The UK government has approved more than 3,000 export licences for military sales to countries which it believes have questionable records on human rights including Sri Lanka.
A BC report quoted the House of Commons Committees on Arms Export Controls as saying the value of the existing export licences to the 27 countries in question exceeds £12bn.
The chairman, Conservative MP Sir John Stanley, said he was astonished at the scale and value of the licences.
Arms licences to Sri Lanka included pistols, small arms ammunition and approval for the sale of 600 assault rifles, which he said “raised very serious questions”.
The report says that whilst the promotion of arms exports and the upholding of human rights are both legitimate government policies, the government would do well to acknowledge that there is an inherent conflict between strongly promoting arms exports to authoritarian regimes whilst strongly criticising their lack of human rights at the same time, rather than claiming, as the government continues to do, that these two policies ‘are mutually reinforcing.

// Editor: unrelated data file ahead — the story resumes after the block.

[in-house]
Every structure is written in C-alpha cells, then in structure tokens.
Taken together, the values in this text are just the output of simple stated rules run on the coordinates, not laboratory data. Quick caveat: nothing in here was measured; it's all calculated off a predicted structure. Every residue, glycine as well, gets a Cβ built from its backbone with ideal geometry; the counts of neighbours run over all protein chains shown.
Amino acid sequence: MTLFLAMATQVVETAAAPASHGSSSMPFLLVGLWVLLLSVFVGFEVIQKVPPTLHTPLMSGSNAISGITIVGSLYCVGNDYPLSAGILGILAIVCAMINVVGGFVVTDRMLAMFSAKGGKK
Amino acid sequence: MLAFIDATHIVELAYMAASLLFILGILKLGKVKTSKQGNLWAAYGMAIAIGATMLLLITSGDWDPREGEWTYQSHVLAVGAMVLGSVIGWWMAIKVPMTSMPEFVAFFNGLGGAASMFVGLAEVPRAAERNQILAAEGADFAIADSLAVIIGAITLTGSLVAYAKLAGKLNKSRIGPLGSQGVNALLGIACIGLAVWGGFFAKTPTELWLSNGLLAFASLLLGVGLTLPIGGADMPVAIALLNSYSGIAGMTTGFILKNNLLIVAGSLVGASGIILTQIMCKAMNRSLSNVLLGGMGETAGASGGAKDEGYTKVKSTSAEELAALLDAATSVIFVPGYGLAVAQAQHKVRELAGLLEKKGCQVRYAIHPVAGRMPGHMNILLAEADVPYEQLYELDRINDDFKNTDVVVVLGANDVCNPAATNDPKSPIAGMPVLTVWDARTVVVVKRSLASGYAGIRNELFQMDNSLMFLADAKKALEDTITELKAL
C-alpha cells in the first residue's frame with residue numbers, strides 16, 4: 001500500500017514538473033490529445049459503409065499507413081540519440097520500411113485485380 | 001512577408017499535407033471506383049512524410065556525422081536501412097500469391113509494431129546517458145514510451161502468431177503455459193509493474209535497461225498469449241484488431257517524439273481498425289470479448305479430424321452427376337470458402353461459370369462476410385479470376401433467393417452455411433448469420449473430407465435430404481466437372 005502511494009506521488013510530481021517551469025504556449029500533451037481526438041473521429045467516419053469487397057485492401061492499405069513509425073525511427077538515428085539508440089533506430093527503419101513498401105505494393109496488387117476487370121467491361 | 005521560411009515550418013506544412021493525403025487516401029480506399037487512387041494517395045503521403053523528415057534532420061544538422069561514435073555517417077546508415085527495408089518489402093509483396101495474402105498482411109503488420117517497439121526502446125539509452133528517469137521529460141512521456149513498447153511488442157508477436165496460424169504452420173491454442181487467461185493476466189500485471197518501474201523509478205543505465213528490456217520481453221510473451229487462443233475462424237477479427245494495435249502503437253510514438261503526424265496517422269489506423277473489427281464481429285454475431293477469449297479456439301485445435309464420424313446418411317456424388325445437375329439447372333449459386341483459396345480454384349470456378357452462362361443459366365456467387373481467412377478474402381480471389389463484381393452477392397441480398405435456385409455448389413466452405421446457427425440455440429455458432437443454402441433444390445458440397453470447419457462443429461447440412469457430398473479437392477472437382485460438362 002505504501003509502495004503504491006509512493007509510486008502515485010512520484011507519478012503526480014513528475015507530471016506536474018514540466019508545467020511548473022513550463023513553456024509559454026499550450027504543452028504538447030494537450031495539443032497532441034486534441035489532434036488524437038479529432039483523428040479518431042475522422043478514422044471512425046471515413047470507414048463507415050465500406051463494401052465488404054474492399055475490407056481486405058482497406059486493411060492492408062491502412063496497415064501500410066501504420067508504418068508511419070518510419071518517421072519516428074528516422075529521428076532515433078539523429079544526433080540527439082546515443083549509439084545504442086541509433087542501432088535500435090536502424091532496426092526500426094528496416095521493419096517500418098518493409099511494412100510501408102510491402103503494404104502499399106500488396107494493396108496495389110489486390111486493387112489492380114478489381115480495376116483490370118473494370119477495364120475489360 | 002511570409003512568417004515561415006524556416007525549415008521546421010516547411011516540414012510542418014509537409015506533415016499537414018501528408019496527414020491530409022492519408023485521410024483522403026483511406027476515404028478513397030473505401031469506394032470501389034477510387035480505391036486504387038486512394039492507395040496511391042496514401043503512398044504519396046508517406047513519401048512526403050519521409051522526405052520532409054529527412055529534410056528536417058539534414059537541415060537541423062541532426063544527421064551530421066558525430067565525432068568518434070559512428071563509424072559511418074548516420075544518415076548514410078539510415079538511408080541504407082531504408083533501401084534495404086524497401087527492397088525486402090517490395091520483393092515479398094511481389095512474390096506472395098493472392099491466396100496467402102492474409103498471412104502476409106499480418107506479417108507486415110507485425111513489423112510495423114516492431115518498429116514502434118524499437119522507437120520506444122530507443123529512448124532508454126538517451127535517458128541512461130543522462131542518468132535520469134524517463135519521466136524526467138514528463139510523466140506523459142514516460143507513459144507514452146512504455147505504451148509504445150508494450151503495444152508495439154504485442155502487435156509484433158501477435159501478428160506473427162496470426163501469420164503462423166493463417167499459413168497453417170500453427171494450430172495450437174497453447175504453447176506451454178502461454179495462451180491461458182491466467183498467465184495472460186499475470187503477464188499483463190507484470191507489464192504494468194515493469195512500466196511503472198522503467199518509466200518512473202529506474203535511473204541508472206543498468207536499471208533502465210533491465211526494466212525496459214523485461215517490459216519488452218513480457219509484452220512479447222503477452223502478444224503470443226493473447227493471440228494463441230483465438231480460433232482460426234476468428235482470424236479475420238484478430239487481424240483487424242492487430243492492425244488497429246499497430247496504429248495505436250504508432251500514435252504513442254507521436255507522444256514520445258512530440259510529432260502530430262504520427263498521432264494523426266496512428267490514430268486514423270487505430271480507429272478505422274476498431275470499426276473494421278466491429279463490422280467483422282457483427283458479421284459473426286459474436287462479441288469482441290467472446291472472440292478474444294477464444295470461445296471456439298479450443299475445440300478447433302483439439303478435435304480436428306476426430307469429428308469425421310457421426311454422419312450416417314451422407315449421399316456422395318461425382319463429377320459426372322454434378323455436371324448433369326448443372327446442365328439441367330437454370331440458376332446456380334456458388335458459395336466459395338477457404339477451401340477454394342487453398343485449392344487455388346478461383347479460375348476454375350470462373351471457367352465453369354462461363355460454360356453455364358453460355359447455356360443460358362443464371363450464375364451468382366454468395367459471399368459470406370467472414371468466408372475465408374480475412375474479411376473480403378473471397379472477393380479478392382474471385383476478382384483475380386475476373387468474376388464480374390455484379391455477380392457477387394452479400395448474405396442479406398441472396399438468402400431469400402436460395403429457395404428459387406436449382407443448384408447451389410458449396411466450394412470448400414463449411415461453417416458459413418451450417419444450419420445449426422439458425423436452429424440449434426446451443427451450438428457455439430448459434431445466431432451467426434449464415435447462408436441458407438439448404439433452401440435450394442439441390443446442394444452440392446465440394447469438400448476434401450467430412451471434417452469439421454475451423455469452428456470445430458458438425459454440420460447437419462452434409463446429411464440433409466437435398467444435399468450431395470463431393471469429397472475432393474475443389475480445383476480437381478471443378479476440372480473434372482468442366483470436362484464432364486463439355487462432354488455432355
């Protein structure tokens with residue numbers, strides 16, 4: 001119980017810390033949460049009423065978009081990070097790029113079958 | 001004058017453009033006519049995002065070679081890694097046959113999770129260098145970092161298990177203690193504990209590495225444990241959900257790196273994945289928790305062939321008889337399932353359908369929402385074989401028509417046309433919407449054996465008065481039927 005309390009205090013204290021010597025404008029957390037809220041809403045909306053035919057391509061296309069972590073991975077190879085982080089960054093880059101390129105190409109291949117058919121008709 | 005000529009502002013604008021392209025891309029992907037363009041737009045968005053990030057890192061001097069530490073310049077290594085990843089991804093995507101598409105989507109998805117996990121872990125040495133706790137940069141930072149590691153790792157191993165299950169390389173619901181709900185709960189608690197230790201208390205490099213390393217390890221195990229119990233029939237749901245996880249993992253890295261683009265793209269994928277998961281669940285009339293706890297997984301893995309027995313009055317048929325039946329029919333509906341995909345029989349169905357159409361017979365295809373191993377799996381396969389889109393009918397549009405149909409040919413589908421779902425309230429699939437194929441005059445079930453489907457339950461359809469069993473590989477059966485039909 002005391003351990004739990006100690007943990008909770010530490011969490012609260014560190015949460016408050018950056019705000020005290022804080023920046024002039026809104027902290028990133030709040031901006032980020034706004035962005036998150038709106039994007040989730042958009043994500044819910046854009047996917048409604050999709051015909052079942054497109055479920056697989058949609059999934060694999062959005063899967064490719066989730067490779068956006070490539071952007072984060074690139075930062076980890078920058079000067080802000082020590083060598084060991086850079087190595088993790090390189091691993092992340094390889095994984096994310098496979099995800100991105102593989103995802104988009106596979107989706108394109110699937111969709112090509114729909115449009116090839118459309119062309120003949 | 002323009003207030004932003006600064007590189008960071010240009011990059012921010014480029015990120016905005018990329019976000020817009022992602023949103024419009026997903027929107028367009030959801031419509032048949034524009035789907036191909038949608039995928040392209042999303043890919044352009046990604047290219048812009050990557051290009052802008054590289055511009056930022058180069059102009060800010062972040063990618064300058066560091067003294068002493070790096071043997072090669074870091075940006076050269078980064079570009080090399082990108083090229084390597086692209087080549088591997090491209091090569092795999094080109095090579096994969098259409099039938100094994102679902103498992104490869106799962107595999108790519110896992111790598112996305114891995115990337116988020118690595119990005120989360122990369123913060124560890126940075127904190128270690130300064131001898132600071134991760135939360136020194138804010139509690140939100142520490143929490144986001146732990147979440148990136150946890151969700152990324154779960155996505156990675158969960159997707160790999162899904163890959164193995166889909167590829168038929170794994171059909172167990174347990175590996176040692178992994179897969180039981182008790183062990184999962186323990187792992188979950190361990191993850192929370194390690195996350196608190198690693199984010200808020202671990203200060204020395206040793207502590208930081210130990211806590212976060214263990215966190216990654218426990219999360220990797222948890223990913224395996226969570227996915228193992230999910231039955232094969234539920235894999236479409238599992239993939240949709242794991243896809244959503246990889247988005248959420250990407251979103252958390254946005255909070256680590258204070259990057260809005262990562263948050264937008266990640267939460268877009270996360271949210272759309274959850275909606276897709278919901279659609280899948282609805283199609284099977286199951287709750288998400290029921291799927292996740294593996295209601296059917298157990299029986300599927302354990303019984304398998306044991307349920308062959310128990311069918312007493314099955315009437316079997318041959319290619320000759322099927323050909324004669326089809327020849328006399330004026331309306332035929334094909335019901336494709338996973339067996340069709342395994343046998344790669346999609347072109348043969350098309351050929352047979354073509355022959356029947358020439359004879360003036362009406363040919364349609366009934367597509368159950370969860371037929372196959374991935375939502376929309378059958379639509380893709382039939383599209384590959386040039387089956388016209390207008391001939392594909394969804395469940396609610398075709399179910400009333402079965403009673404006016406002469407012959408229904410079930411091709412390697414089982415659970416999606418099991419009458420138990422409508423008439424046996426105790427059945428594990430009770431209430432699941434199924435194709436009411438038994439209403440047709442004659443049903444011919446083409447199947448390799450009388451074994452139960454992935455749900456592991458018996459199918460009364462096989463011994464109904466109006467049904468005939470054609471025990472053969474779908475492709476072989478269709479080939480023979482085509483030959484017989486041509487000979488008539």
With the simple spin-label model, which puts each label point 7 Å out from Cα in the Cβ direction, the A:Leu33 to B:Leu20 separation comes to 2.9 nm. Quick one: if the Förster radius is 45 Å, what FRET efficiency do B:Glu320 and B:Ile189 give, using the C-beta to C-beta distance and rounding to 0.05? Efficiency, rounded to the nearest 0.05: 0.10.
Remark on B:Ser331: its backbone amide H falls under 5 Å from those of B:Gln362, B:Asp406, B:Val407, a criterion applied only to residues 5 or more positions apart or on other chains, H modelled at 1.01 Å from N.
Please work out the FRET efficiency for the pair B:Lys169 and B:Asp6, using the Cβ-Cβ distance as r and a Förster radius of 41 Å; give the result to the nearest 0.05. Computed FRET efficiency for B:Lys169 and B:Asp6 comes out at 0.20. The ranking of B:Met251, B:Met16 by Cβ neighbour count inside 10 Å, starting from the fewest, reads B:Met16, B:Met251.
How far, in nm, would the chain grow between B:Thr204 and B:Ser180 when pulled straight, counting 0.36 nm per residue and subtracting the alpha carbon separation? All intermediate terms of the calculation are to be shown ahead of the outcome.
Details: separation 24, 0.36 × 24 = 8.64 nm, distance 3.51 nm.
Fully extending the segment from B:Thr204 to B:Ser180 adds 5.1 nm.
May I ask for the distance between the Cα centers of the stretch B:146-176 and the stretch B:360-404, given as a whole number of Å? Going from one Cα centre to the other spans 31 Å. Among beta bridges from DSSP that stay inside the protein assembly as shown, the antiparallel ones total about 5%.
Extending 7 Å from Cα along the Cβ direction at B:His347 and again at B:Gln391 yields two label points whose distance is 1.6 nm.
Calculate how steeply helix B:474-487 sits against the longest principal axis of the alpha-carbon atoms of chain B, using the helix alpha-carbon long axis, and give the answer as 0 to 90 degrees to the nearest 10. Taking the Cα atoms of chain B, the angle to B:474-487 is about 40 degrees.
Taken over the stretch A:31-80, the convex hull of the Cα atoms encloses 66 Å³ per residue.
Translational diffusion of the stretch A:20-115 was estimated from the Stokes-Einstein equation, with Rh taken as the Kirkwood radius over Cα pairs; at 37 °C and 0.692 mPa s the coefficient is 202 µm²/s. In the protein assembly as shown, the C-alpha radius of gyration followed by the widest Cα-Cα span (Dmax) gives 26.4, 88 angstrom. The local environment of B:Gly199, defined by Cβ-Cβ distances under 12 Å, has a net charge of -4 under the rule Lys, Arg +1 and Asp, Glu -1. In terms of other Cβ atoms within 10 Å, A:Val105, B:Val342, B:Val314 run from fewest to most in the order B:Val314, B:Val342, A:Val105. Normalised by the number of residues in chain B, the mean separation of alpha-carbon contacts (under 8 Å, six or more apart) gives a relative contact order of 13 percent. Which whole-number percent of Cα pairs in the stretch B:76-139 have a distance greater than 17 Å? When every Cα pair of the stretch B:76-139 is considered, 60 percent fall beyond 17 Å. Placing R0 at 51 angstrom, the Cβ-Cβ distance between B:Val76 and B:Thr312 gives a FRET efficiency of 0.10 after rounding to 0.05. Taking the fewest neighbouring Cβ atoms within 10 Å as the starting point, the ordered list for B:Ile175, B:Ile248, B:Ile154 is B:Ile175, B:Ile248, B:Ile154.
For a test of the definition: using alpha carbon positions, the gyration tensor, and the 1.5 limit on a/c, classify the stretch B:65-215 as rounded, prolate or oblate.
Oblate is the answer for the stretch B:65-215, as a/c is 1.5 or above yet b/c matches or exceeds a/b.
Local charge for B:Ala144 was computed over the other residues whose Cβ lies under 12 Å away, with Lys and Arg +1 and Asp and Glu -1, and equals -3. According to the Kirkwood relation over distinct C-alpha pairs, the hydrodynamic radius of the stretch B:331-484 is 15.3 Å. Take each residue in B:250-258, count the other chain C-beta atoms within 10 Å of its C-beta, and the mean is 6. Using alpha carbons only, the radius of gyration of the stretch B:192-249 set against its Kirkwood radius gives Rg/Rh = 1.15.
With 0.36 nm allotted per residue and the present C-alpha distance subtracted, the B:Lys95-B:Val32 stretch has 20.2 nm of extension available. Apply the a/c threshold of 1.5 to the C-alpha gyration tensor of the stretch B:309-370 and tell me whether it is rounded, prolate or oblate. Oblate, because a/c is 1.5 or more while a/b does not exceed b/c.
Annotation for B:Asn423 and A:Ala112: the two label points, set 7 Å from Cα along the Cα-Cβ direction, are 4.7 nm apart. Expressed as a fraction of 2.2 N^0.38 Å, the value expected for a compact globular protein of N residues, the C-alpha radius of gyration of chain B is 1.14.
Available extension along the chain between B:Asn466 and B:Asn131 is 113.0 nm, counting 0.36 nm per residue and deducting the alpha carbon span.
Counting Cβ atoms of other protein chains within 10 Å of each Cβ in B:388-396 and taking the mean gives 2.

There were more than 60 licences for Iran, including components for military electronics and what is described as “equipment employing cryptography”.
This appears to be a catch-all term which encompasses a variety of equipment, much of it in the telecommunications sector.
Similar equipment figured prominently in China’s £1.4bn worth of licences, which also included some small arms ammunition, even though there is a European Union arms embargo on Beijing.
Sir John told the BBC that in his view the EU embargo “was not drafted as widely as many people would wish”.